What’s New In The Michigan Murders
John Norman Collins was convicted of premeditated murder in the first degree of Karen Sue Beineman on August 19, 1970, a week before I began attending Eastern Michigan University.
When I began writing The Wrong Guy seven years ago, it was because the late 60s and early 70s had played such a profound role in my life. I attended Eastern Michigan University on the heels of the Michigan Murders, the brutal slayings of seven college coeds. John Norman Collins had been arrested, but the atmosphere was still one of uncertainty. As a young college freshman shot straight out of a protected parochial high school cannon into the “real” world, I was naïve, but smart enough to be just plain scared. What if the cops had the wrong guy behind bars?
Our house mother conducted meetings about the importance of using the buddy system whenever traveling on or off campus, and we were advised to carry mace on our key rings, wear whistles around our necks, and lace our keys through our fingers should we find ourselves in a life-threatening situation. Not the typical college experience.
The fear was palpable. What I didn’t realize then, and what I didn’t realize until after I’d written The Wrong Guy—fiction loosely based on these serial murders—was how deeply tied our community still remained to those murders, and how my writing the book would affect those who had lived through those times.
Since the book’s release, many people have spoken to me about their particular connections to the Michigan Murders. I’ve spoken to women who’d sat in front of Collins in college classrooms, played cards with him at their family’s kitchen table, heard stories about Collins warning women not to go out alone after dark, and offering to walk them home. I’ve spoken to someone whose family member discovered one of the girl’s bodies, and to another who attended the trial, and to the surviving sister of one of the victims.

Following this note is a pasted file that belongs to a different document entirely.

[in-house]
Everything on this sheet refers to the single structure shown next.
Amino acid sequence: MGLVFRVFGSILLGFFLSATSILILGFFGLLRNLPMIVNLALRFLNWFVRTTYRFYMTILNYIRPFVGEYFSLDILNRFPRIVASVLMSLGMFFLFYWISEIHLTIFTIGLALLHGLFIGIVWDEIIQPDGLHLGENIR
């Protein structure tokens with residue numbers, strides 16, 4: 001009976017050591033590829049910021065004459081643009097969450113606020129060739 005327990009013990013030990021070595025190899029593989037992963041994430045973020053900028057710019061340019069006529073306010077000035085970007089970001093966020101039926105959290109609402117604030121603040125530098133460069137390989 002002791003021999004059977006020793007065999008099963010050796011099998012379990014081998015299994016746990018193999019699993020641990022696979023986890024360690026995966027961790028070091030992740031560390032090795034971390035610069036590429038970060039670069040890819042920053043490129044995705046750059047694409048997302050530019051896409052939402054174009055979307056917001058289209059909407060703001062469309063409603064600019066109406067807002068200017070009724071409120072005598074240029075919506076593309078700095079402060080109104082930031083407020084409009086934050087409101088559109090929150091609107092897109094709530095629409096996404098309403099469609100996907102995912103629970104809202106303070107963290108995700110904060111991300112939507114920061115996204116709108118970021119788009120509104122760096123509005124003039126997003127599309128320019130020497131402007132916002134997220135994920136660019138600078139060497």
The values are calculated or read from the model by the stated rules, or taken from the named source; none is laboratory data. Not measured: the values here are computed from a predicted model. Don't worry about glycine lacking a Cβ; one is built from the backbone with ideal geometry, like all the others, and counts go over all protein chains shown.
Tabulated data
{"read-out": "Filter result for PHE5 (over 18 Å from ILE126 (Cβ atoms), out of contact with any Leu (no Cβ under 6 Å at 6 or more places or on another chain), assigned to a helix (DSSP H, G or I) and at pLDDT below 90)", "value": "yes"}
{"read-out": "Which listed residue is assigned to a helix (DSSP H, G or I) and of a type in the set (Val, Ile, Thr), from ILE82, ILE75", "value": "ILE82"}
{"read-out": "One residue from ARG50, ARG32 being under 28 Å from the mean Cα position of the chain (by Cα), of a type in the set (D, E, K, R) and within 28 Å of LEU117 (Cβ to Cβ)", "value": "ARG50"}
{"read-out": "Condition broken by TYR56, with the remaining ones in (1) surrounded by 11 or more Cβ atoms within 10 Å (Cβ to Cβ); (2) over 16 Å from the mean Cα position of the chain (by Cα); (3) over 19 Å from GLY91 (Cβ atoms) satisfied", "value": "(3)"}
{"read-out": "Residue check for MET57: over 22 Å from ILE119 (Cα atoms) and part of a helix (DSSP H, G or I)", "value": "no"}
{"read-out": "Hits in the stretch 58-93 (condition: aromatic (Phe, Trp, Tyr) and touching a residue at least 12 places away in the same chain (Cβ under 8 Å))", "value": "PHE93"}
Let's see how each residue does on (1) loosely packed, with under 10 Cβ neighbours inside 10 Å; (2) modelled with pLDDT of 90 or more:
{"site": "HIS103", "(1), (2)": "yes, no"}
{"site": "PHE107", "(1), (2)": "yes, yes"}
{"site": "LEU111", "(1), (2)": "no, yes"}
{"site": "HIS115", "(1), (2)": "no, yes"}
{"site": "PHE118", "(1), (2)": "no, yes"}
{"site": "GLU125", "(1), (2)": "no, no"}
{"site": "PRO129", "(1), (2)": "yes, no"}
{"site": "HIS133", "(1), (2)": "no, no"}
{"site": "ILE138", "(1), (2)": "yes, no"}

About a year ago, I met someone else who was gripped by the murders, Gregory Fournier, who is in the midst of writing a true crime account of the Michigan Murders, called The Rainy Day Murders. Interestingly enough, we both attended EMU, both became teachers, both ended up turning our desire to become authors into reality.
Greg has become a friend and a resource. He has done years of extensive and exhaustive research into the crimes, the victims, and the perpetrator. Most recently he posted The Prosecutor’s Conundrum in the John Norman Collins Cases, a blog which explains why the prosecutor chose to try Collins for only the murder of the last victim, Karen Sue Beineman. I find all of Greg’s research fascinating, and so often he answers so many of my questions.
I’m sure you’ll find his blog informative, and if you’re a follower of true crime as I am, you’ll be interested in learning more about the Michigan Murders.
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